Midway through July, in an address to the nation, President Ramaphosa announced that the ban on alcohol sales would resume.
South Africa’s alcohol industry was blindsided by government’s reinstatement of the ban without forewarning, fearing dire economic impact due to likely job losses in the industry.
The rationale provided by government seemed centred on freeing up hospital beds for COVID-19 patients. Extreme measures are, arguably, necessary to both curb the spread of the pandemic, and ease the strain being placed on healthcare workers and facilities across the country.
At the same time, the country deserves to know exactly how and why decisions like the alcohol ban are taken, and what data is behind them, something which, like most decisions made by government and the mysterious National Coronavirus Command Council (NCCC) is sorely lacking.
Minister of Cooperative Governance and Traditional Affairs Nkosazana Dlamini-Zuma attempted an explanation sans any concrete evidence. As per usual, this didn’t inspire much confidence in the people tasked with making policy decisions during the national state of emergency.
True to form, she laid down the law with the attitude of a parent saying “because I said so”. She didn’t make any mention of a plan, or a plan to come up with a plan, to keep the industries impacted by the ban afloat.
Meanwhile, the hospitality, tourism, restaurant, and alcohol industries are suffering massive losses, with employees facing unemployment, doors to establishments closing, and business going under.
Last week protests broke out calling attention to the hardships they are facing due to the lockdown. Government responded by setting SAPS, their water cannons, and stun grenades on peaceful protesters.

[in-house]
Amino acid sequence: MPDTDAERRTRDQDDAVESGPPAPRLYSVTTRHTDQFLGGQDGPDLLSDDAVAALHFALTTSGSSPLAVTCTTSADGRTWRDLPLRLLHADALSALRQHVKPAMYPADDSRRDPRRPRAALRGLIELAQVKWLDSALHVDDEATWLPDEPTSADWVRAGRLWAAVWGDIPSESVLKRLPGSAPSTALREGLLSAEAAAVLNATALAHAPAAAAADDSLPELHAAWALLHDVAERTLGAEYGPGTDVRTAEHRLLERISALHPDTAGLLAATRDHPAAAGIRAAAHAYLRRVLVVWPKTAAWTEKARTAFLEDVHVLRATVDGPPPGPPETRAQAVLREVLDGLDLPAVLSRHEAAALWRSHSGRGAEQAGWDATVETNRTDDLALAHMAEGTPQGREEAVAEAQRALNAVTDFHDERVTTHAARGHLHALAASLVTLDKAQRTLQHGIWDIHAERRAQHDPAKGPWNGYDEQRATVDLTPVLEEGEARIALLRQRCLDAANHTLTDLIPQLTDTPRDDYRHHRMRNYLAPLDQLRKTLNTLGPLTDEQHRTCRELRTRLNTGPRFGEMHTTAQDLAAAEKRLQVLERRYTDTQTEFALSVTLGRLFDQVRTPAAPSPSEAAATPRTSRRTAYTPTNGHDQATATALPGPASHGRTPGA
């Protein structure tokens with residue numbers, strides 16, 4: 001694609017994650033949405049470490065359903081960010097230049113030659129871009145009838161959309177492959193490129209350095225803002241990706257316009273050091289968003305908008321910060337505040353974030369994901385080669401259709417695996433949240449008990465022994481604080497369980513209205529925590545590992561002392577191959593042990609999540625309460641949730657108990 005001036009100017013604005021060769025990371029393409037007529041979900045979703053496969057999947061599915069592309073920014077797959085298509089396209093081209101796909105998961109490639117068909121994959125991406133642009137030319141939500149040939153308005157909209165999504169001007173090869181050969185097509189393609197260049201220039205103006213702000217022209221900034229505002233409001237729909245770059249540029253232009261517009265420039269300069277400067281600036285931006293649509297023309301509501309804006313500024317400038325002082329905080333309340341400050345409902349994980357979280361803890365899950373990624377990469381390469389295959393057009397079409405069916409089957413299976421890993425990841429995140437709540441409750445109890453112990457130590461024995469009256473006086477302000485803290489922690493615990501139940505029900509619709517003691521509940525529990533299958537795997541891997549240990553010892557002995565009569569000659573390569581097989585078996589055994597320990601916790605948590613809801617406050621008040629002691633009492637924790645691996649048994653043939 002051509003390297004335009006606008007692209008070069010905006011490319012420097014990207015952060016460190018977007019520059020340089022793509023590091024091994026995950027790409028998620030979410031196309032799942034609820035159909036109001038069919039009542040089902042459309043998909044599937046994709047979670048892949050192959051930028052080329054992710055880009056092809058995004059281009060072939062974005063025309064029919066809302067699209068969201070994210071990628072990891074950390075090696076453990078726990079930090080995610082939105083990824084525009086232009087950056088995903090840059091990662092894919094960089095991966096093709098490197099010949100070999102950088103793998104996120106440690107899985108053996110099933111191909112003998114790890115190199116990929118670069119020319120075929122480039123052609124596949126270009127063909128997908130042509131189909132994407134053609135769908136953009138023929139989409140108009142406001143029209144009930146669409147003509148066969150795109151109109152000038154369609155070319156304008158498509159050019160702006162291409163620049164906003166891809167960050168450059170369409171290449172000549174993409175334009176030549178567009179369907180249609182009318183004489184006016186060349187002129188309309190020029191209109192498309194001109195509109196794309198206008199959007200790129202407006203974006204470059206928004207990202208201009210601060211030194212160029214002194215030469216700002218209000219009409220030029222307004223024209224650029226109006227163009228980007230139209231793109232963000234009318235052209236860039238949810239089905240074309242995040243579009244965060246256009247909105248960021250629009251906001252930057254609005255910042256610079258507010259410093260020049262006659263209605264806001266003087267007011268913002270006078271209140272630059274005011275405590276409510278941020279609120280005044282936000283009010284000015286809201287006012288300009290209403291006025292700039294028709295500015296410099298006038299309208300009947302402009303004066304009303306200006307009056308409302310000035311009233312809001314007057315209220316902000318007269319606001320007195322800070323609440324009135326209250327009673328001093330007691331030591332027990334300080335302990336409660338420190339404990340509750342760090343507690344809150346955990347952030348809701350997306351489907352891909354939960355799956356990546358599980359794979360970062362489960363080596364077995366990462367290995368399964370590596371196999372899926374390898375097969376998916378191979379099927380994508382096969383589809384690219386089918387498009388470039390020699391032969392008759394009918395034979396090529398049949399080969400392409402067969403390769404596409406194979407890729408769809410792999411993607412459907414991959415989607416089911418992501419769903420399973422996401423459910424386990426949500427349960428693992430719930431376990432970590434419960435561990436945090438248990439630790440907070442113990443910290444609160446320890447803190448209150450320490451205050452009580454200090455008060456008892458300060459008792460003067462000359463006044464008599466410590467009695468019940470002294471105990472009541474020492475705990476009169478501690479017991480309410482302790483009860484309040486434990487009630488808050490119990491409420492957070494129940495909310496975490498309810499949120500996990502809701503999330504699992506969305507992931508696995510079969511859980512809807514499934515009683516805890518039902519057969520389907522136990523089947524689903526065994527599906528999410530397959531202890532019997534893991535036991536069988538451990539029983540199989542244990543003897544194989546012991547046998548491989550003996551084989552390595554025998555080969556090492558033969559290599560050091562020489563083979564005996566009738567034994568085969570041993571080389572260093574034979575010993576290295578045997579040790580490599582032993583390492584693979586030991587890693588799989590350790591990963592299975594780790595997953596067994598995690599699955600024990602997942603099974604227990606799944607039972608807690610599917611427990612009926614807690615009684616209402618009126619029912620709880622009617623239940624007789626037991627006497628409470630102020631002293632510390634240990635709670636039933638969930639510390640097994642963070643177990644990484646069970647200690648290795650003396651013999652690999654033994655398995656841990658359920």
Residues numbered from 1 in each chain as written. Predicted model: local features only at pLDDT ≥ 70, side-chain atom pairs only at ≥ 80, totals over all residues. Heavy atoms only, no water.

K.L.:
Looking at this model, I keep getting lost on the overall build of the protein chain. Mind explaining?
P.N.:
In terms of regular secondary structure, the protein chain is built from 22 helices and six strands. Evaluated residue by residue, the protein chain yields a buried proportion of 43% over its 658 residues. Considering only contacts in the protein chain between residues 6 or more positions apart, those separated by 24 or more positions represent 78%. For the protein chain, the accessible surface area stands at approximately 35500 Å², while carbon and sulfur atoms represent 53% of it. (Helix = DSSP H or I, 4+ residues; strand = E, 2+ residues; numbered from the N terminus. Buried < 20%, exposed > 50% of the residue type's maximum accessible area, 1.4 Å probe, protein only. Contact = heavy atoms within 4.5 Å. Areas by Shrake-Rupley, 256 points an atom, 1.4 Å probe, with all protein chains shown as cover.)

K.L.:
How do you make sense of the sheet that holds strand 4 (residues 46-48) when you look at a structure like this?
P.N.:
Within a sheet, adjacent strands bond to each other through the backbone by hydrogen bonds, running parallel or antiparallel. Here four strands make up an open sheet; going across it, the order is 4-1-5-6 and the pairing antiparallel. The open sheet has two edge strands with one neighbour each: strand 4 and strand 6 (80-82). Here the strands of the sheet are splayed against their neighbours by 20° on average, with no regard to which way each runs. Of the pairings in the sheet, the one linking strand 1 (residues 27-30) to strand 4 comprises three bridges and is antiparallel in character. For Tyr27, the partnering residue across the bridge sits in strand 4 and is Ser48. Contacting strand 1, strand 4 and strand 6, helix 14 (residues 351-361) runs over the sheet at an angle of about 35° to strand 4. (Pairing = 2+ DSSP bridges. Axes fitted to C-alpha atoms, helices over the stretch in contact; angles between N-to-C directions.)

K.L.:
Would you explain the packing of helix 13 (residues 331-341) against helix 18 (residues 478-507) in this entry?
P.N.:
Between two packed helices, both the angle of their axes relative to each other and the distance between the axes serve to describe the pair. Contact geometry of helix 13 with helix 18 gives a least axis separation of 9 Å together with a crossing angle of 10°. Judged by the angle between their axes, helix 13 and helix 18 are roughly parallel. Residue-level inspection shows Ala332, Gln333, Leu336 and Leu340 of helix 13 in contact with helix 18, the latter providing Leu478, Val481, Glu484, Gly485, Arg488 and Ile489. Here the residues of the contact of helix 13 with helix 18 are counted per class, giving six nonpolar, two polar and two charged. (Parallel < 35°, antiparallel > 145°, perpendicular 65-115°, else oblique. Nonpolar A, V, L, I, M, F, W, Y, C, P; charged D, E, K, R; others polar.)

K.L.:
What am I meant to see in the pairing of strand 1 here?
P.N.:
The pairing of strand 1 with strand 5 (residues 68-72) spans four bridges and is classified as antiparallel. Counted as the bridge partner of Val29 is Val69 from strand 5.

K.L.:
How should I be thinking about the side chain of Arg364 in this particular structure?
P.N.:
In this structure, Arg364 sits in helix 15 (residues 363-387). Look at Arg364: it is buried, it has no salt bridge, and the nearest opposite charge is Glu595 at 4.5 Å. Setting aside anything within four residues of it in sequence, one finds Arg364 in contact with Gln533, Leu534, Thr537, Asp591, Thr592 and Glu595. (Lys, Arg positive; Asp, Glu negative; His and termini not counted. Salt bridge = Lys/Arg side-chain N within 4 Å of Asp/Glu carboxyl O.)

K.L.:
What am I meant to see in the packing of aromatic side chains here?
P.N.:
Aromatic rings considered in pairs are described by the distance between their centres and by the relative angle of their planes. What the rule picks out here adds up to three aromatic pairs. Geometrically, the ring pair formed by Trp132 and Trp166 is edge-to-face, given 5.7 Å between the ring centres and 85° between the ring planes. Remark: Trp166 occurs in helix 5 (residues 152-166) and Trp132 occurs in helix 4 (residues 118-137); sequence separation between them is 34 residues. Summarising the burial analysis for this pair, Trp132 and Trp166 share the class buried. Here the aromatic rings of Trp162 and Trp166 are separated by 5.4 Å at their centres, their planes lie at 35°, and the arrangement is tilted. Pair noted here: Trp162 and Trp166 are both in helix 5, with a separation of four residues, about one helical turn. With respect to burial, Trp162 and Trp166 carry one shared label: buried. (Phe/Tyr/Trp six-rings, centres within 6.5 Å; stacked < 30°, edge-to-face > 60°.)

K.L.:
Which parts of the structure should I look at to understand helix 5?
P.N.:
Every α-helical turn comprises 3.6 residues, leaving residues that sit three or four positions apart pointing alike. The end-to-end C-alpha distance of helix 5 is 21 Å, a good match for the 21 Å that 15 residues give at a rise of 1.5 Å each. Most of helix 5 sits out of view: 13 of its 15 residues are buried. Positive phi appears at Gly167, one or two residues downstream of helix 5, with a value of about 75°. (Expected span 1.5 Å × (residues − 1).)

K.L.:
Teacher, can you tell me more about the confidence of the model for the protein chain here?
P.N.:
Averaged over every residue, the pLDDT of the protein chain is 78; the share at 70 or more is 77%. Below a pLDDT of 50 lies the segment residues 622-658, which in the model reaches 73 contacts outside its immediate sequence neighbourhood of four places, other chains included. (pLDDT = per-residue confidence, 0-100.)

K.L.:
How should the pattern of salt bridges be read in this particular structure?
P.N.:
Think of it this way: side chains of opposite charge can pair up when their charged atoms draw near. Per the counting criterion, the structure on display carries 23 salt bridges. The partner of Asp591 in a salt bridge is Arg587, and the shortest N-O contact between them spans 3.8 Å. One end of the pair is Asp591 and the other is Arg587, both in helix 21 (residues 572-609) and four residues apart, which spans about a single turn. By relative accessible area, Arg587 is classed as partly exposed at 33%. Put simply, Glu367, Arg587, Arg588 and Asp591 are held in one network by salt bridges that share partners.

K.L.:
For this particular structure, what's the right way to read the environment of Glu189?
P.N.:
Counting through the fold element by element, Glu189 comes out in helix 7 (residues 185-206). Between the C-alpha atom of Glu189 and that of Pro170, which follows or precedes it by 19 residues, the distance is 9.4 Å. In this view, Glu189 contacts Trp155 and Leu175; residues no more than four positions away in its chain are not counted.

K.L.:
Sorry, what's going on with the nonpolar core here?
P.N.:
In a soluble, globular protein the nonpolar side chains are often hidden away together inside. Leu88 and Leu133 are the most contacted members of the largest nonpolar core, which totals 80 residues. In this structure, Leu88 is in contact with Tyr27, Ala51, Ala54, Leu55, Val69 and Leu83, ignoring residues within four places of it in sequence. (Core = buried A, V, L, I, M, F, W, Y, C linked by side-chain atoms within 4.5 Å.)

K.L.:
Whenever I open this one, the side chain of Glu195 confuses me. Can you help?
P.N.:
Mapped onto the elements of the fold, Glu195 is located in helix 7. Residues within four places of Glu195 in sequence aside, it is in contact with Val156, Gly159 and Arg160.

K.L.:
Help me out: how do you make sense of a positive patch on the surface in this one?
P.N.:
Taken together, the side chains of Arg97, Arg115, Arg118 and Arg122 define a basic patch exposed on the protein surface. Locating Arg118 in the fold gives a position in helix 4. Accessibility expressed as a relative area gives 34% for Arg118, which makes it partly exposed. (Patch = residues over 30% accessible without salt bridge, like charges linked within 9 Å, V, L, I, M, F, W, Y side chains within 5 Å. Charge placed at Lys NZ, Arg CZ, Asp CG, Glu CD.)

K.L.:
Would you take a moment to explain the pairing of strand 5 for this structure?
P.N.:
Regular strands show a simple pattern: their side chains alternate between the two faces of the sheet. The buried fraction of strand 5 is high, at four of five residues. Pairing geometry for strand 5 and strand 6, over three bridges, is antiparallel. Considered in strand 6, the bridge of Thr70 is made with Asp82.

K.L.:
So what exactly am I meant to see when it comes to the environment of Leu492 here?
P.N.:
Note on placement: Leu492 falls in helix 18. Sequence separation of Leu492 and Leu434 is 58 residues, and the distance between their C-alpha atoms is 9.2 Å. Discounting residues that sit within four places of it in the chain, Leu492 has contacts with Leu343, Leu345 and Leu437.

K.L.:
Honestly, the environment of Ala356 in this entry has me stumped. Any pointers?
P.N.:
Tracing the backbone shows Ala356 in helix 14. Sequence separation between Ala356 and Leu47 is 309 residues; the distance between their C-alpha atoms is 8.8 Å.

Now, the Restaurant Association of South Africa has presented the mysterious NCCC with yet another proposal to safely lift the alcohol ban, reports EWN.
The association’s Wendy Alberts said their proposal to lift the ban on alcohol would be discussed by the National Coronavirus Command Council on Saturday.
“It is a proposed lifting of the liquor ban which triages areas. So, it’s done through the local police station, you apply for a liquor permit to be a consumer.”
She said if problems arose in a certain area then they would no longer be able to sell liquor.
To be clear, it doesn’t seem likely that the ban will be lifted any time soon (some believe it could last eight weeks in total), but as Alberts points out, this would be a step towards reinstating goodwill between government and the people.
Right now, she says, “all they are doing is cutting off our knees, our ankles, our legs. We’re completely crippled.”
Some analysts have also come forward to say that the ban on alcohol only reduced alcohol-related hospitalisations because it was coupled with restrictions on movement. In countries around the world, similar decreases in hospitalisations were reported during hard lockdowns, even though alcohol sales weren’t banned, as reported by BusinessTech.
The proposal drafted by The Restaurant Association of South Africa would incentivise those selling on-premises alcohol, including bars and taverns, to ensure that customers are toeing the line, so as to mitigate the risk of their district losing its rights to sell and consume alcohol.
The National Liquor Traders Council (NLTC) has warned that a second ban on the sale of alcohol threatens the livelihoods of more than 34,500 tavern owners in South Africa, while as many as 500,000 people in the industry face economic ruin.
Taverns, the liquor body said, contribute between R40 billion and R60 billion a year to the economy, specifically the township economy.
This is the second proposal handed to government by representatives of the hospitality industry.
One would think that the government would be responsible for coming up with workable plans to bolster the economy and save industries, but here we are.
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